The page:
The “ageing population”

The “ageing population”

Last month, we posted a blog about how a wheelchair bound lady living in a residential home was able to complete a 5km walk with the help of her physiotherapist. This week in the CSP magazine ‘Frontline’, there is an article that talks about how care needs for the elderly population have increased dramatically over the past 20 years.

An article by Kingston et al (2017) stated that ‘the fastest growing section of the population is those aged 85 years and older’ with up to 20% living independently and free from disability despite multiple co-morbidities, however most will require care at some point. The article predicts that if dependency prevalence remains constant, by 2025 there will be an additional 353,000 older people with a large proportion having complex care needs that require sustained input from family carers or community health or social care teams to support independent living.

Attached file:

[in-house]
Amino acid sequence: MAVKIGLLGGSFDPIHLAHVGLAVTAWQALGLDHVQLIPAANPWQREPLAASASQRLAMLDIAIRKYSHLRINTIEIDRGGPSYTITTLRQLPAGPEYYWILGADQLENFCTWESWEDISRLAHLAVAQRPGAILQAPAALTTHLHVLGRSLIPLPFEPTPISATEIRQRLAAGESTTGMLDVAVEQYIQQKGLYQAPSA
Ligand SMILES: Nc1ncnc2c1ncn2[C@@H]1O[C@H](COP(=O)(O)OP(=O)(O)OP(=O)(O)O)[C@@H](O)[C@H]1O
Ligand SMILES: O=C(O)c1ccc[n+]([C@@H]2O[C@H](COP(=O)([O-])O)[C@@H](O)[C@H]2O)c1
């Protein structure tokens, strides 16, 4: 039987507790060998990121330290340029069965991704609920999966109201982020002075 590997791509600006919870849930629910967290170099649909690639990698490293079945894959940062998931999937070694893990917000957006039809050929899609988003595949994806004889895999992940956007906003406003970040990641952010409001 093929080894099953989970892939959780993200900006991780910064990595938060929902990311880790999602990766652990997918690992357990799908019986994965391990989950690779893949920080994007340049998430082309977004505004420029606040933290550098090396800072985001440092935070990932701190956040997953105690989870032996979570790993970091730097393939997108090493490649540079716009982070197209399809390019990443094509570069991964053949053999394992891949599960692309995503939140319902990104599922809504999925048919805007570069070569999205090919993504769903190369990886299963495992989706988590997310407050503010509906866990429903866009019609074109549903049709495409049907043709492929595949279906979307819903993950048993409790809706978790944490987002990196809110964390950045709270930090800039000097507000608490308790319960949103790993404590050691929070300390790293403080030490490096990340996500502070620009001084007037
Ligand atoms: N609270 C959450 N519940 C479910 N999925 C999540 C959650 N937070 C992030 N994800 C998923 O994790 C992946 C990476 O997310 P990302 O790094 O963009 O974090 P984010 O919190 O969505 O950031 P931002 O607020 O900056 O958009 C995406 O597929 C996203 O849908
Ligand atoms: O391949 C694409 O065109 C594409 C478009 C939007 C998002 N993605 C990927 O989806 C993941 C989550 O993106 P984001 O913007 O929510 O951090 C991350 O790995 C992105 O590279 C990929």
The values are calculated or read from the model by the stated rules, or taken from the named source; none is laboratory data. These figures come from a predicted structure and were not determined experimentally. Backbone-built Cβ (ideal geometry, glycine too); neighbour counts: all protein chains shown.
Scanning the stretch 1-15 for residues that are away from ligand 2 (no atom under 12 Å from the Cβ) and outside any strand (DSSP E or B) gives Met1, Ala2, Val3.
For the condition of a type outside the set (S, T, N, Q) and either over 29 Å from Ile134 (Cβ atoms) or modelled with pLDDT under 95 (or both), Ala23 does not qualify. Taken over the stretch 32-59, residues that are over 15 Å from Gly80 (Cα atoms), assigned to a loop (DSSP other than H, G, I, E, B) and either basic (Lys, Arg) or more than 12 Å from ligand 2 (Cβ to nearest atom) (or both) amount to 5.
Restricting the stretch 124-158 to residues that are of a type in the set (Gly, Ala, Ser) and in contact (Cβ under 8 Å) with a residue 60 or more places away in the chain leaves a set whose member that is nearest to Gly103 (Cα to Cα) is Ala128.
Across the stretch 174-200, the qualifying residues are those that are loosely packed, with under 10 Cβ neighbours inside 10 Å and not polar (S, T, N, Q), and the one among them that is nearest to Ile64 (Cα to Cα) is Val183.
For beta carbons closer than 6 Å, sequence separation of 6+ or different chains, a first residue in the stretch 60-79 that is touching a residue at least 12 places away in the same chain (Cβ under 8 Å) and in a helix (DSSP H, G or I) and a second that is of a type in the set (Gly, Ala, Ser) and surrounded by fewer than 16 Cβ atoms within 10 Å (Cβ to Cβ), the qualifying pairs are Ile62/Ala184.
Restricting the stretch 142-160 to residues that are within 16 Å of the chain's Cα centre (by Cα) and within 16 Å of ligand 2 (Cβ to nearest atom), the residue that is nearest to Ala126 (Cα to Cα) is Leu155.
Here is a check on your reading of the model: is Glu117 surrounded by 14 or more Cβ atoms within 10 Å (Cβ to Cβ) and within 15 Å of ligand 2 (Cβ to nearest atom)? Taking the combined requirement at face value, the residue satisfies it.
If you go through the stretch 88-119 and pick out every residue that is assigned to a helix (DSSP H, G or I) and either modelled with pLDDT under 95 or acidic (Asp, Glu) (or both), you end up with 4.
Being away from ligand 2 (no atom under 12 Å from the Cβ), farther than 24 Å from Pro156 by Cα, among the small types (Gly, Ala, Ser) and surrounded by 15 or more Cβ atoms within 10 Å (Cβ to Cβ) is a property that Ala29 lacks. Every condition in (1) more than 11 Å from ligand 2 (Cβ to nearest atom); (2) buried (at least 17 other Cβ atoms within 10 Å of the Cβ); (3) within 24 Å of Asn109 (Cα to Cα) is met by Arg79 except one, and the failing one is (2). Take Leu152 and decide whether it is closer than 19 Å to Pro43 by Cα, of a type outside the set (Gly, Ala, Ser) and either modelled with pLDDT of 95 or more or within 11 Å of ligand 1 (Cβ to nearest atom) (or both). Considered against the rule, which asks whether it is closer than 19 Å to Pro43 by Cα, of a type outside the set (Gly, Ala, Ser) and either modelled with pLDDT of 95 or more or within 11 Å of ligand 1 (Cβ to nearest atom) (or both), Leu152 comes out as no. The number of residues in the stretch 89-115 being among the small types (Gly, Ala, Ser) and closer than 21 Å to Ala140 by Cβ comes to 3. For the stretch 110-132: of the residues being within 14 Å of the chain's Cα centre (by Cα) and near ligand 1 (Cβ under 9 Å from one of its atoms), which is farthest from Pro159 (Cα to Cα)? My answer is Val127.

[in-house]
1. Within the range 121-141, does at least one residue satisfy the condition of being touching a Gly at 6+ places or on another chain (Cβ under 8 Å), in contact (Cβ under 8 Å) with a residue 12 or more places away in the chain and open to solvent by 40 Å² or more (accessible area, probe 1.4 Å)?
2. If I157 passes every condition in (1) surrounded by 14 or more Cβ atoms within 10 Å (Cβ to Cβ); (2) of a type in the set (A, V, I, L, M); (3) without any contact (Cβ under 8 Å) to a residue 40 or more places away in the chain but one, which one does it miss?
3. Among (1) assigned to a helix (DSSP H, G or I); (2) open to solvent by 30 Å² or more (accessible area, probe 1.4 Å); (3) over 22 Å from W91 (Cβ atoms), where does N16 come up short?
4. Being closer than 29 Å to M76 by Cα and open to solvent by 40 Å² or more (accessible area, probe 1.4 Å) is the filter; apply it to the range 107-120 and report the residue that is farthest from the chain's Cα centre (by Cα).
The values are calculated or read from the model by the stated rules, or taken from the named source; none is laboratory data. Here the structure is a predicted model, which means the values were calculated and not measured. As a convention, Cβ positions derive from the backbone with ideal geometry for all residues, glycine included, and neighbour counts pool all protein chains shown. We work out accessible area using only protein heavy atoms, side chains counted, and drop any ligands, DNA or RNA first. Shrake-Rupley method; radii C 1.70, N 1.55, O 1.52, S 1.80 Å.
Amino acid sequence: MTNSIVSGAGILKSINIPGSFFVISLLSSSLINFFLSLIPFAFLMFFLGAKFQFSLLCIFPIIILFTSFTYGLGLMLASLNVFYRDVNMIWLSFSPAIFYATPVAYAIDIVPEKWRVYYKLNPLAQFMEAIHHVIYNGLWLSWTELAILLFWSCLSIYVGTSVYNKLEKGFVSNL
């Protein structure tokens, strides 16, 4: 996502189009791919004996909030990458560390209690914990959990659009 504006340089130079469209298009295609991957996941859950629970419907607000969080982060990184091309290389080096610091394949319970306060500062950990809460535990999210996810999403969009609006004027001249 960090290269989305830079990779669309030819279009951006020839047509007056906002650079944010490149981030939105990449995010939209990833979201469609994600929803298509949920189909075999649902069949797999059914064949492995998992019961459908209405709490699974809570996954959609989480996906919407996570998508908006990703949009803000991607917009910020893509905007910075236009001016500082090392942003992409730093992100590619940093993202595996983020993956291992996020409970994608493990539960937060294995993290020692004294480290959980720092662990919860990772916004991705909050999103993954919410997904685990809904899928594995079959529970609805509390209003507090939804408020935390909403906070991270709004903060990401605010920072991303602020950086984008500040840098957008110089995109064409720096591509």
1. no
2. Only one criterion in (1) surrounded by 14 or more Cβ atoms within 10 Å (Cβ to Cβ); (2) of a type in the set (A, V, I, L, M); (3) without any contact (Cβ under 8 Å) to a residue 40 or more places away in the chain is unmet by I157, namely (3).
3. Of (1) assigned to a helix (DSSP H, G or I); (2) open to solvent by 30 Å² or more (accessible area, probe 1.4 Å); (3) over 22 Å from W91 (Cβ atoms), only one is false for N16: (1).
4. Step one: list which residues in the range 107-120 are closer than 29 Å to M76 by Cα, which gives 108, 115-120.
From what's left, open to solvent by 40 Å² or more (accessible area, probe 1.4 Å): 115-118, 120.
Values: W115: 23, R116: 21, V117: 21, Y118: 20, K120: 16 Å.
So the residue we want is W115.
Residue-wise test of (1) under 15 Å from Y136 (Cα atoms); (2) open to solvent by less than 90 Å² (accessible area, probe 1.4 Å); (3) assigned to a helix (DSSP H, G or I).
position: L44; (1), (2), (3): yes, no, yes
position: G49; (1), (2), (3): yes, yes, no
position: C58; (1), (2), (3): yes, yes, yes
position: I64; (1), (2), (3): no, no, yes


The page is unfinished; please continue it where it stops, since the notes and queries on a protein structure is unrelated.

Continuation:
Adults aged 65 and over spend around 10 hours a day sitting or lying down. As you grow older, it is very important to try to stay active. Physical activity helps to stay healthy but also and very importantly to remain independent. The longer you remain independent, the longer you can have an active social life. Older people are more prone to falling, obesity, heart disease and mental illness. The risk of these can be significantly reduced with regular exercise.

One way to ensure independent living is to keep mobile. Physiotherapy plays a huge part in promoting independence. All the physiotherapists at Silver Physio will conduct a thorough assessment and devise an individualised exercise programme with realistic functional goals. Benefits of physiotherapy include improving cardiovascular function, improve range of movement and strength, reduce pain and fatigue.

Contact us today to find out how we at SilverPhysio can you keep you agile and feeling young:

(For the full article: Kingston A et al. Is late life dependency increasing or not? A comparison of the Cognitive Function and Ageing Studies)